We'Ll take a look at the features available and help you decide if it's worth buying let's start by checking out the specs in this model. There'S, an eighth gen Intel 8550: u quad core CPU, which runs at 1.8 gigahertz and can boost up to 4 gigahertz with a single core there's 16 gig of LP ddr3 memory running at 2100, 33 megahertz in dual channel for the storage there's, a 256 gig MDOT 2 SATA SSD and for the graphics, there's, no discrete GPU present in this model, so we've only got the integrated Intel. U HD, 620 graphics and we'll see how this performs later in the benchmarks, but you can also get it with NVIDIA MX 150 graphics. If you need more graphical power, there's a 14 inch, 1080p 60 Hertz IPS touchscreen, with a glossy finish and for the network connectivity there's Intel 8 to 65 Wi Fi with Bluetooth 4.1 support. No Ethernet connectivity here unless you plug in a USB dongle. The Zenbook flip has a grey all metal design featuring a matte interior and a smooth lid with this circular metal finish. The physical dimensions of the laptop are 32 point: seven centimeters in width 22, point six centimeters in depth and just one point: three: nine centimeters in height, so it's pretty thin. This model is listed at weighing 1.4 kilos and in my own testing I found it to weigh just under 1.5 kilos and just over one point: seven kilos with the power brick and cable for charging, so it's really quite portable.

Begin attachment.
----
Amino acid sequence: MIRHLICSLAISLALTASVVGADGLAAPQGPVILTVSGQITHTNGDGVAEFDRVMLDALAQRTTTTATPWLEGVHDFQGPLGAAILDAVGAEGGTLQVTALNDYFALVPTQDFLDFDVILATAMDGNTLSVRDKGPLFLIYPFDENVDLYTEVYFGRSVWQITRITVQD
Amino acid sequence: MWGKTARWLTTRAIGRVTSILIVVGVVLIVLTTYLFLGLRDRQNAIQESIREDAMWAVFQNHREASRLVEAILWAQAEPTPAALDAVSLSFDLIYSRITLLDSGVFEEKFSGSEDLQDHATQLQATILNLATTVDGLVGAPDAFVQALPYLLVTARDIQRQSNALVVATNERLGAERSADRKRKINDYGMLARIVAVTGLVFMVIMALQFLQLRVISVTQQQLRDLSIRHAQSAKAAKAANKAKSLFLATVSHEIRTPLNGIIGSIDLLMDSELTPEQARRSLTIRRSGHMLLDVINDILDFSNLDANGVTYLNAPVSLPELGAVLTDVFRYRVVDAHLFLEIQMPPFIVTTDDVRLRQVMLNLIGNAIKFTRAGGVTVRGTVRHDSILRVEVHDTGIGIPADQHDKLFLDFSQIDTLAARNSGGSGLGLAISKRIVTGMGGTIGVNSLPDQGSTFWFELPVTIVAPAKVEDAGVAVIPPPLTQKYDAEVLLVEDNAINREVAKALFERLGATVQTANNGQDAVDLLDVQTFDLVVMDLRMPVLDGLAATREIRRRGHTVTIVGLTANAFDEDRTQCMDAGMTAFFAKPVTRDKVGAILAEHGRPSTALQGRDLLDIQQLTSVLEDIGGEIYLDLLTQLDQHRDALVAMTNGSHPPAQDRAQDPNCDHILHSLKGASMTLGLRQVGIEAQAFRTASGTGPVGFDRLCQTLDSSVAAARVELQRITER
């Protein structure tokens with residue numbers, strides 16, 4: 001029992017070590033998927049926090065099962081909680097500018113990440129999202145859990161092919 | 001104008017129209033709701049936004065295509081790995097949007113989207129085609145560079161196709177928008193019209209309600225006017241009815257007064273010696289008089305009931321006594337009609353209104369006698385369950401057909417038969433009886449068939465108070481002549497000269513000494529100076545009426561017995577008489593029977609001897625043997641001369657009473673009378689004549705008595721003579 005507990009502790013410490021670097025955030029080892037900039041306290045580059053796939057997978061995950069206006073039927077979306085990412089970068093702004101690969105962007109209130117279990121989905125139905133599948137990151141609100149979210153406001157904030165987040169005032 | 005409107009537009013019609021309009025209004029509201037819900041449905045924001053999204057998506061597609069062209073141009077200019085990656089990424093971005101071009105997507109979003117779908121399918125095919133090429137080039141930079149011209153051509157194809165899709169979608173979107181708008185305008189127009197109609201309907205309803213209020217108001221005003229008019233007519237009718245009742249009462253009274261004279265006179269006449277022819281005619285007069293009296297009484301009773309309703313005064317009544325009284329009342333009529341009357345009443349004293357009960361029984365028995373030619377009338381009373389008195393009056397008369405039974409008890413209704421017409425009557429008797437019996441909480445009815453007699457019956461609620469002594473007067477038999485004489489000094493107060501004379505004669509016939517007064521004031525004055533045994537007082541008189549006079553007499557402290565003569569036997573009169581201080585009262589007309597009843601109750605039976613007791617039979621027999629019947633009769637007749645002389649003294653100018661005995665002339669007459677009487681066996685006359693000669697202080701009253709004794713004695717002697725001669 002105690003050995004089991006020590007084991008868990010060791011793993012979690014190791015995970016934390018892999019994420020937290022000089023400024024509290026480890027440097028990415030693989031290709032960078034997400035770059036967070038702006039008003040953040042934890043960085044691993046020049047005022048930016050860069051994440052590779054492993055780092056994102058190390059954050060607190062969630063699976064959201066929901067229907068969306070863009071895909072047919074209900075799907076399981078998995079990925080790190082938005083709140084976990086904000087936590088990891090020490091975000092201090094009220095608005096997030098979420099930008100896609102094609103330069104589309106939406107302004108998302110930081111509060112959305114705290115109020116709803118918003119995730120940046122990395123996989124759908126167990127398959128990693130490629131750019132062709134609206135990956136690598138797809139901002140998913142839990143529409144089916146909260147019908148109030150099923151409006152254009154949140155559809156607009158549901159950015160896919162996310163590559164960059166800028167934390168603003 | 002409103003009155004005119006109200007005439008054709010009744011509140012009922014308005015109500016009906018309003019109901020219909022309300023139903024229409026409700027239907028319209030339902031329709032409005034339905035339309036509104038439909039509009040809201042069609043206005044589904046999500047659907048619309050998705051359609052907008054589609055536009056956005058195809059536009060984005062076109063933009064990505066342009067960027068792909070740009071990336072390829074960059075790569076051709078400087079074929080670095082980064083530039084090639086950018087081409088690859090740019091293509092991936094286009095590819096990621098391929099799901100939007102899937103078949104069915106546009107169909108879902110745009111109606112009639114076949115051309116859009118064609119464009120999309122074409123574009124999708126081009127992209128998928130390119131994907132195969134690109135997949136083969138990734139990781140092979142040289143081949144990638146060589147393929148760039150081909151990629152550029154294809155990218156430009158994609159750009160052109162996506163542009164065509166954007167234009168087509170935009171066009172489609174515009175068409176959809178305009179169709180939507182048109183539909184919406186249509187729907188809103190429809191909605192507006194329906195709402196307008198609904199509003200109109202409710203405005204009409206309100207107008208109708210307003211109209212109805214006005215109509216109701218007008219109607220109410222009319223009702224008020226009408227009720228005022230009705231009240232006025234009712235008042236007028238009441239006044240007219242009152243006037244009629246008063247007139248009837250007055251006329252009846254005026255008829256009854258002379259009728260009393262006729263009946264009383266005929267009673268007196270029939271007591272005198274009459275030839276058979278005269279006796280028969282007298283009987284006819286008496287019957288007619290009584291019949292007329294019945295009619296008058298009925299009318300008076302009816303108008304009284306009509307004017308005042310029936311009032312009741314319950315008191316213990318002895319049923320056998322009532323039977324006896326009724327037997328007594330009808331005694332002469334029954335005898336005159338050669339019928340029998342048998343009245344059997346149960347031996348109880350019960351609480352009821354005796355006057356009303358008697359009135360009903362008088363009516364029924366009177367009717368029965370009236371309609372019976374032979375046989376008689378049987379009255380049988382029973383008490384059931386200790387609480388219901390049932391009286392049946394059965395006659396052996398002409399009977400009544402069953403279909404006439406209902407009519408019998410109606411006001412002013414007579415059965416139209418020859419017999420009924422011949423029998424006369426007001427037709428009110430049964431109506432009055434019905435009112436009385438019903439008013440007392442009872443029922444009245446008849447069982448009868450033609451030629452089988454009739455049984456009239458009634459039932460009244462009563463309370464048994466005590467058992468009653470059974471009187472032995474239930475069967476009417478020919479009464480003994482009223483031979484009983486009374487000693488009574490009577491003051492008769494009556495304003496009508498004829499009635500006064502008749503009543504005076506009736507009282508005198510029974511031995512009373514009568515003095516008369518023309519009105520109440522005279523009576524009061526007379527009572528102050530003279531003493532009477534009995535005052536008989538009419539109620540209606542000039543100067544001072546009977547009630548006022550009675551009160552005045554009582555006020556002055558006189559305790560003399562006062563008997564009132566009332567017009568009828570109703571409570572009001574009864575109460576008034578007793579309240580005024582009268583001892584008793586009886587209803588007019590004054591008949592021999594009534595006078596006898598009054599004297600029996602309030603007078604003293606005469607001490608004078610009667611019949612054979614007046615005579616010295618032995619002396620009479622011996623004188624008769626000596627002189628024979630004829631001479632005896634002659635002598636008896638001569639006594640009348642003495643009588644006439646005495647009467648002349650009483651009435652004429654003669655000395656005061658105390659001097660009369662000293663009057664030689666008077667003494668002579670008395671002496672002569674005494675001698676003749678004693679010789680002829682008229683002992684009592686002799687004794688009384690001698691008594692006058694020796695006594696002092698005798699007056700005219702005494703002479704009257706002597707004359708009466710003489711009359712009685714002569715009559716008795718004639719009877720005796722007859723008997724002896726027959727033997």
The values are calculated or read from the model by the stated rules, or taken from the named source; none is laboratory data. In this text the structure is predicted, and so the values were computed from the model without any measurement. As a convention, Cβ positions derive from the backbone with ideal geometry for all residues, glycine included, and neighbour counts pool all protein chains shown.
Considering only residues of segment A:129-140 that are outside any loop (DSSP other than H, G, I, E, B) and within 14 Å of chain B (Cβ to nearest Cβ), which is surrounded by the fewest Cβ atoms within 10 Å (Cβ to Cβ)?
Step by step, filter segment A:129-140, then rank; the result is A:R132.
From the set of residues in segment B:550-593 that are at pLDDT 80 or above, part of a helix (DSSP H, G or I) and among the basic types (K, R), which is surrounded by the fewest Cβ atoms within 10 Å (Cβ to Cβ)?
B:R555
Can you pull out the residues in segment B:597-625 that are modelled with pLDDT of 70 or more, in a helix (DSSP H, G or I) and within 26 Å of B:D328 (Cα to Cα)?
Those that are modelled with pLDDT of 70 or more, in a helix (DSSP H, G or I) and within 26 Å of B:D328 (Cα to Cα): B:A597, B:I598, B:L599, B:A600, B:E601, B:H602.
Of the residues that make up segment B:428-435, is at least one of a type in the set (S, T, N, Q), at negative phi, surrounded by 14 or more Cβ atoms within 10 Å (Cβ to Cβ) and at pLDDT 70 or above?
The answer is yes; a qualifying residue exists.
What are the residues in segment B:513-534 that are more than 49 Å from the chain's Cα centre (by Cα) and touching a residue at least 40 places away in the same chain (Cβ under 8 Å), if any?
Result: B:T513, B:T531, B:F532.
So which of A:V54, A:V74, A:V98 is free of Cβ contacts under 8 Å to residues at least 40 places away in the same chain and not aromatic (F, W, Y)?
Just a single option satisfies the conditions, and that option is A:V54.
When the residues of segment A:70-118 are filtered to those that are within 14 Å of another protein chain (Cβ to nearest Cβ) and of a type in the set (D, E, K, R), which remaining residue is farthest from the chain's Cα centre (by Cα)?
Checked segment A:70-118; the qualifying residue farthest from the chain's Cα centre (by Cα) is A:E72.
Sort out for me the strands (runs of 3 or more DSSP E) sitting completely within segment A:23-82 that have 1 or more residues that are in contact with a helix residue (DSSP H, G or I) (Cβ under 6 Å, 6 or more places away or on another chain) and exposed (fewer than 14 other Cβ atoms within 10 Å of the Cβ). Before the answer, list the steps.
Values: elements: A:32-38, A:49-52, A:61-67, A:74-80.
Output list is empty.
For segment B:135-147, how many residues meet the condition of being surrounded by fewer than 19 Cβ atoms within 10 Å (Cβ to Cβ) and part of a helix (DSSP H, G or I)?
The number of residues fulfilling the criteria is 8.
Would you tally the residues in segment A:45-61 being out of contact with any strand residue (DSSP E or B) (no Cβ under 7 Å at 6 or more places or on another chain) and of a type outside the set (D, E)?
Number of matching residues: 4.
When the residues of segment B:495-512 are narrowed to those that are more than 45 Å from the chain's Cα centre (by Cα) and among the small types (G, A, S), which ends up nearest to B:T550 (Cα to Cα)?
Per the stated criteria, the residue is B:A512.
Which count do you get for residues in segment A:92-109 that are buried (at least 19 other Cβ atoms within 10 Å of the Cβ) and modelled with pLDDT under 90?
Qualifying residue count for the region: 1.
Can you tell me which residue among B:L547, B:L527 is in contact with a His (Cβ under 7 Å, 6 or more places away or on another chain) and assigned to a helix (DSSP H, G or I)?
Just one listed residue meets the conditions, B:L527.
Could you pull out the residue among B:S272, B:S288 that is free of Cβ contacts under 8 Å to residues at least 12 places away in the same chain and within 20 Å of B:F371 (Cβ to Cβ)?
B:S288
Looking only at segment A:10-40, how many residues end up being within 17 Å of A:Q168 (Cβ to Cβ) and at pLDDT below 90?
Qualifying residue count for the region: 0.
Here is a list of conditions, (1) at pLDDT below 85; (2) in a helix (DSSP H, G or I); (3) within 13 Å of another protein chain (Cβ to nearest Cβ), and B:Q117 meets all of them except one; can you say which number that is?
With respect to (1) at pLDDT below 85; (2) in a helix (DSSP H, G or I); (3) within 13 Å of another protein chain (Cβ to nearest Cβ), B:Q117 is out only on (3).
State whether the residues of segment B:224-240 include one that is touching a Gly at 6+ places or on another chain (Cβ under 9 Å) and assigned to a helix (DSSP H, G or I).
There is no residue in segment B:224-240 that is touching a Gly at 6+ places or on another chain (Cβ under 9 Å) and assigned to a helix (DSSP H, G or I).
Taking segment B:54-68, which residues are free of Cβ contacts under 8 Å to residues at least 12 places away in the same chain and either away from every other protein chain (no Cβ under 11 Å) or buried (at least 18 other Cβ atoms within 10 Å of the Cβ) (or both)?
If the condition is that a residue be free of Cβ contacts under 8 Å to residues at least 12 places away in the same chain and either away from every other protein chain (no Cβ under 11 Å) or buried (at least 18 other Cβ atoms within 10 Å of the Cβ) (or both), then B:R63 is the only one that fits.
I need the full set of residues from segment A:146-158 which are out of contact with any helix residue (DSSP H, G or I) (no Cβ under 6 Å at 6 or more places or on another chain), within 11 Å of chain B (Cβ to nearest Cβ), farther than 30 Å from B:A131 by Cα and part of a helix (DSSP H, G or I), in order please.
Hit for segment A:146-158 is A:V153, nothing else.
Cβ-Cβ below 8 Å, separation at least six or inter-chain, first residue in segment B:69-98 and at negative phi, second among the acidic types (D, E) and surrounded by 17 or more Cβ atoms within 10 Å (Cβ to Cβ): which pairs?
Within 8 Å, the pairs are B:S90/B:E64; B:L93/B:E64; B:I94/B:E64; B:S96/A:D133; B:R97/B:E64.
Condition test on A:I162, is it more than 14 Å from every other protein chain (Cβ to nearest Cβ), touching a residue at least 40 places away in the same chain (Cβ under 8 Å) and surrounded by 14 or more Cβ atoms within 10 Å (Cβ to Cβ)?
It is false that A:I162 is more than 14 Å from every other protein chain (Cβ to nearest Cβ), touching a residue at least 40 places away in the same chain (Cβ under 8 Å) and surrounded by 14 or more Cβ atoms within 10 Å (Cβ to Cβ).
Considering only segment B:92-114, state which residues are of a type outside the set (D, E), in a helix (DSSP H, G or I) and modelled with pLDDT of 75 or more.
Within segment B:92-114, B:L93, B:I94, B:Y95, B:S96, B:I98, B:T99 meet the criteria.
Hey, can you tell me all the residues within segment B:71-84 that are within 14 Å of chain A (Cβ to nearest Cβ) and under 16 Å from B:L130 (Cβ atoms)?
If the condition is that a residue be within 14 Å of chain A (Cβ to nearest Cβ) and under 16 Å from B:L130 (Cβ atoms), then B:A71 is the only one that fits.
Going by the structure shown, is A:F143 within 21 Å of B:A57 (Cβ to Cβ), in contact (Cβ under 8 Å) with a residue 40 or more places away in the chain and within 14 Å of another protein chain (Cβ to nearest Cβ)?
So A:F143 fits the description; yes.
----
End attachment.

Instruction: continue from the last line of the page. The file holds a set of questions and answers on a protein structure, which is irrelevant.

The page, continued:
As mentioned earlier. The display is a 14 inch, 60 Hertz, 1080p IPS glossy touchscreen and, as an IPS panel, the viewing angles look great from anywhere. I don't have much experience testing touch screens, but I had no issues while using this one. Just keep in mind. Your fingerprints will make it dirty fast, so I suggest using the included pen where possible, the touch screen, features, 10 point, multi touch and the included pen has 1024 pressure sensitivity levels, so it should be pretty decent for drawing I've, also measured the colors produced by the Screen using the spider 5 pro and my results, return 93 of srgb, 67 of NTSC and 72 of Adobe RGB. So in terms of color accuracy, it seems fairly good compared to many other laptops, I've tested and overall personally I thought the screen looked quite nice. It can get quite bright, although, as a glossy display will easily show reflections I've also performed my usual backlight bleed test, which involves having the screen completely black in a dark room to help emphasize any bleeding. I then take a long exposure photo to display any bleed. So this is a worst case scenario test there's. Basically, none a little imperfections that only the camera could pick up to my eyes in a completely dark room. It looked perfectly fine, but this will of course, vary between devices. There was minimal screenflex while moving the display as it's solid metal, with the hinges towards the corners while using it.